in teaching the peasantry to read the word of God in Irish, and in disseminating it amongst them; but still very many copies remain to be purchased and distributed, and brought home to the poor man's cabin; still the Irish Society must have a great enlargement of its means, before it can effectually attain its object, while there are other important branches of this subject which have been either little attended to, or entirely neglected.
The employment of readers of the Bible in the Irish tongue among the people, or, what may be termed the ministry of the native poor among themselves, has hitherto but little engaged the attention of the Christian world. Most efficient institutions exist for the encouragement of this, in the Scripture Readers and other Societies, and nothing is wanting, on their part, but suitable agents. In order to supply these, pious young men, who understand the native language, should be instructed to learn it as a written tongue, should be imbued by their patrons and friends with a full sense of its value, as a spiritual weapon; and on being sent up, properly qualified, to the Society alluded to, they will be gladly employed.
The branch which has been entirely neglected, is the making use of this popular language, whether by ordained ministers, or other educated persons, in setting forth the doctrine of salvation, by the blood of the Atonement. Considering, therefore, the Irish Bible as ready for use, and the reading of it by, or to the pea santry, as in a state of progress, I shall beg leave to turn your more particular, although not exclusive attention, to this important division of the subject.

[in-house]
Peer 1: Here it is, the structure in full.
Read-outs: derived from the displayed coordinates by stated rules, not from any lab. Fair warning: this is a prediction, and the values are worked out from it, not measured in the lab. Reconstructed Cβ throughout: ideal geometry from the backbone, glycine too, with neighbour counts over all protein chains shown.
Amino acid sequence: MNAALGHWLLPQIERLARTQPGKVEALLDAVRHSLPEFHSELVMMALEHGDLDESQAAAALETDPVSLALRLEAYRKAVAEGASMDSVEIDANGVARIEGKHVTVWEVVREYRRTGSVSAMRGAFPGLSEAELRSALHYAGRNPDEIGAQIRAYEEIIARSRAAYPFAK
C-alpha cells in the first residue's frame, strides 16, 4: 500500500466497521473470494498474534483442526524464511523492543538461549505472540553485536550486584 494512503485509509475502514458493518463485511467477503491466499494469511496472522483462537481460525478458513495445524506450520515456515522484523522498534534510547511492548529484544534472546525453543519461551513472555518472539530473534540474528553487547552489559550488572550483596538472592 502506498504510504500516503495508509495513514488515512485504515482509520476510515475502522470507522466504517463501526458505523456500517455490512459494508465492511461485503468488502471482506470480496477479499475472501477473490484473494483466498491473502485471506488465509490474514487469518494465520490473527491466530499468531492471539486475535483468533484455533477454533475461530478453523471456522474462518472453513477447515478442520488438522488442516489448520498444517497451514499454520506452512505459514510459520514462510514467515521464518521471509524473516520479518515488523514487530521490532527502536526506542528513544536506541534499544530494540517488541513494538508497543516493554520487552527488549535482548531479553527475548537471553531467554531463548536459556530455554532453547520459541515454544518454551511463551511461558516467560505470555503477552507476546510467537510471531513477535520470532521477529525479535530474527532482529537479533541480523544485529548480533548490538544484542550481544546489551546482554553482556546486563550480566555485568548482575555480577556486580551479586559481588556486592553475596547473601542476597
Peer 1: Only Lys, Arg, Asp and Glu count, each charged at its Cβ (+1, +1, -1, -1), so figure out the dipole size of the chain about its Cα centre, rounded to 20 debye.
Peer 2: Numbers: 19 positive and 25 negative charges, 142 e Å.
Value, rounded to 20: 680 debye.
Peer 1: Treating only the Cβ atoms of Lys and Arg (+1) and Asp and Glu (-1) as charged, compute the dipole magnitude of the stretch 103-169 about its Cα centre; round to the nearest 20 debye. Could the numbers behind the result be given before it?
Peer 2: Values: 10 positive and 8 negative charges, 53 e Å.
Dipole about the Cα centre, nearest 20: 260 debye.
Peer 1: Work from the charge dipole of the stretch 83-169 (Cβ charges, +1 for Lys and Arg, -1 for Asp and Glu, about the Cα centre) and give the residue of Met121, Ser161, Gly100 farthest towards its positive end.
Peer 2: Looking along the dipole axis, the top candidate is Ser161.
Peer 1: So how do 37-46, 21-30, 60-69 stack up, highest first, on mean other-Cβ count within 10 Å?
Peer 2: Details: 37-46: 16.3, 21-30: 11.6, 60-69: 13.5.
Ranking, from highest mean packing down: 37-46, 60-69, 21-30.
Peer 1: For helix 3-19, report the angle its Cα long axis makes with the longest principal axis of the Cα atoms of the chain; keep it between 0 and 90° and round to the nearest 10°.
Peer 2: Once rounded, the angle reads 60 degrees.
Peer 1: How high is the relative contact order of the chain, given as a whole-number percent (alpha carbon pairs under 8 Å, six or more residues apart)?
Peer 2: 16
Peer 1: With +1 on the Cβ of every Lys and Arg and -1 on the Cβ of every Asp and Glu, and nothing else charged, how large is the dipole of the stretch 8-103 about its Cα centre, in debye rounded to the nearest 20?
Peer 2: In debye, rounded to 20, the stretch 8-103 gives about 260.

Alas for Ireland! I believe that there is not another region in the entire world, wherein that which is esteemed to be true religion, is kept from the hearing of the inhabitants by so strange a circumstance as this-that the individuals, whose duty it is to spread the knowledge of it, are almost universally ignorant of the language in which alone it can be understood by many, or will be received by more.